• I admired/admire both those men. The Waltons and Wal-Mart of today are not those of the Sam Walton era. It makes a difference when you were raised once the money was made I guess. Now it is an empire, and the roots of the man are all but forgotten.

  • I too am old school kinda guy and a lot of us mr fix it guys are becoming a dying breed, ya know the way folks in the past took a little pride in our work but you are like a breath of fresh air and thanks for reminding me of areas I need to improve in as well. Thank You.

  • I forgot to add, Great Article!
    And, some mightily fine comments, too!
    It’s all so Very inspirational.
    I’ll have to try and remember this line the next time I’m out on the town with friends, or on lunch break, and I get grief for not spending money like I’m a Rockerfeller:

    “being frugal is not the same as being stingy”!!!

  • I was so encouraged to read this article and then read the comments!!
    Sometimes, I feel like my husband and I are the only ones that are not into “stuff” and a simple way of life. Thanks all

  • New visitor. The last paragraph made me smile 🙂

    I’m about 80% frugal I would say. And debt free as a result!!


  • Frugal people don’t buy bottled water, even if it’s only $1. They turn on the tap and get water that way, and when they go out they fill a bottle with water to take with them.

  • Daisy’s article is excellent coverage of the frugality side of conserving cash, repairing and repurposing goods, etc. I do understand it is not intended to address part of the value-added side of benefits of frugality. What I mean is this:

    The more cash you can conserve, the more you’ll have to be available when opportunities come along to learn how to create profitable value for people. Courses, mentors, gurus, and networking opportunities abound these days. Ranging from free to cheap to pricey, many of these opportunities to learn are online. Books on “side hustles” (the pop term today for extra money-making work, whether as employee or entrepreneur) are all over Amazon. However, crafty frugalists know that once a book is older than six months past the publisher’s release date, it is fair game for a free interlibrary loan via your neighborhood library.

    Compare the vastly more profitable approach of selling your value-added skills, products or whatever … to merely parking that conserved cash in a bank (aka Stingy 1st National) that might pay you 2% (at best) on your money, while reveals that actual inflation, city by city, ranges anywhere from 8 to about 12% PER YEAR. You can mark up your price on your own value-add skills, in contrast to NOT being able to mark up what the bank pays you for your cash on deposit. Yes, you need some cash there to pay bills, plus having an emergency fund. Think of the remainder as your entrepreneurial learning and opportunity fund — and thank the understanding of Daisy’s article for this enormous benefit that frugality makes possible.


  • You forgot one thing, the pride of workmanship when you’ve done repairs.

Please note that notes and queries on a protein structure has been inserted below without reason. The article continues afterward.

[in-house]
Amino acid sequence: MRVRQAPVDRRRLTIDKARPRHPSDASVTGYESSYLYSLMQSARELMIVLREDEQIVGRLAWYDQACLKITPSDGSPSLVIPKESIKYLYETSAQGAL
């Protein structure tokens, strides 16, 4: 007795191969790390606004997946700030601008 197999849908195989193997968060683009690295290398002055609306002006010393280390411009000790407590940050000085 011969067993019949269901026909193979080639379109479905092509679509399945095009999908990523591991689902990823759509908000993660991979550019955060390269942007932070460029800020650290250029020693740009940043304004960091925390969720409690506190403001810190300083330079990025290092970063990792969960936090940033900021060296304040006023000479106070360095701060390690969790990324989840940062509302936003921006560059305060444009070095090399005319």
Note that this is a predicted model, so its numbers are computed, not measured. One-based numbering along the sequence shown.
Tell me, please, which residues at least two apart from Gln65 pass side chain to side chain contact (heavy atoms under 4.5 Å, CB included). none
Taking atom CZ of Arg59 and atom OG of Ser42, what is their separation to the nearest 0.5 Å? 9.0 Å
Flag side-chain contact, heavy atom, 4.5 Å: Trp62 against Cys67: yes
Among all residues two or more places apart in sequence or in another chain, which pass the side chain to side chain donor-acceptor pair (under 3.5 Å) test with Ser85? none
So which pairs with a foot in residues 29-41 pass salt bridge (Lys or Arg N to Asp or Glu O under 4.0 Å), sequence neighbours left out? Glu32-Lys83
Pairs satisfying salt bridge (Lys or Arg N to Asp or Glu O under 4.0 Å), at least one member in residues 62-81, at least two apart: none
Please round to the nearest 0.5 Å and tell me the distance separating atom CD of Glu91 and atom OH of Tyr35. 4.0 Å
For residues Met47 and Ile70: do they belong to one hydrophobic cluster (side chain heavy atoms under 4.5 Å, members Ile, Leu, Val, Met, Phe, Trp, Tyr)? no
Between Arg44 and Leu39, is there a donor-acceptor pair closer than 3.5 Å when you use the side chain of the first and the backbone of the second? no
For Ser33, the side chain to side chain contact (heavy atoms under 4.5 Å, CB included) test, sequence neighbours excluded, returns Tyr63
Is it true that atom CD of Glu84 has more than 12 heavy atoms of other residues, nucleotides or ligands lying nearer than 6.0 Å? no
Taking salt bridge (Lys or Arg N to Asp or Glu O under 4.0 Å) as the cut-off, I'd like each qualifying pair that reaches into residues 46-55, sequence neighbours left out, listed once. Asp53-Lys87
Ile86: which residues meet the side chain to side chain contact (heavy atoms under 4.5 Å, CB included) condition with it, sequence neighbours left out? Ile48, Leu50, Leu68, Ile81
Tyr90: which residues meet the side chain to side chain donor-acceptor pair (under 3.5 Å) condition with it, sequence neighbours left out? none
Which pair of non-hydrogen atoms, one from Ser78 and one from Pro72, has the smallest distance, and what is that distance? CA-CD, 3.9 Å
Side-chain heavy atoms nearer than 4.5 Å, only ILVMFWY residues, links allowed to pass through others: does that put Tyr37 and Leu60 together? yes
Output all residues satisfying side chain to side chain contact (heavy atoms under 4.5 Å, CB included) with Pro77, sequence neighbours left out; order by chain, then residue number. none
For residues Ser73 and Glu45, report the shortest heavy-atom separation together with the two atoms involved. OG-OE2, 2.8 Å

There’s also the quiet confidence that you can do the repairs.

    Some years back, I had four mouths to feed, and could budget all of four dollars a day. The food was plain with an eye to as nutritious as possible within budget, cooked from scratch. I went so far as to grind my own grains (I bought a second hand grain grinder at Goodwill for $10). By the way, freshly ground wheat tastes sweeter than whole wheat flour bought in the store. With the inflation since then one would need to budget $1.50 / day / person.

    I didn’t go into debt.

    Now I have the income I wish I had then with fewer expenses. The frugality bug, once bitten, sticks. I can pay cash. When a business project didn’t pan out, I was out some cash, but not hurting.

    Frugality really pays off.

  • Why are so few preppers vegan? It seems shocking to me because being vegan is SO much easier than consuming animal products and eating vegan is by far the cheapest diet in the world, not even close. My diet consists of beans and grains and small amounts of fruit, potatoes, vegetables, spices, herbs, honey and nuts. So easy. Preparing my own food is so easy it is ridiculous. If you have a homestead, having animals is just disgusting, they produce so much waste. Totally don’t understand it.

  • Very good list, along with repairing things I would throw in “do their own maintenance when practicable”, mow – trim and fertilize lawn, fix your own sprinklers, and appliances, stain your own deck and caulk your own windows – touch up the exterior paint while your out there and correct any negative grading around the exterior of house, clean your gutter (if it can be done safely). Do your own nails, color your own hair, clean your own house, change your own toilet flapper, replace a broken tile – think before making purchases about a. need b. durability c. ease of maintenance. Sometimes it is worth paying more to enjoy something for a longer period of time so let’s add buy furniture 2nd hand (lots of people have hardly used quality items they are tired of, you can have fabric cleaned and polish wood.

    I just cut my own firewood this past weekend – not doing that again but hey – live and learn.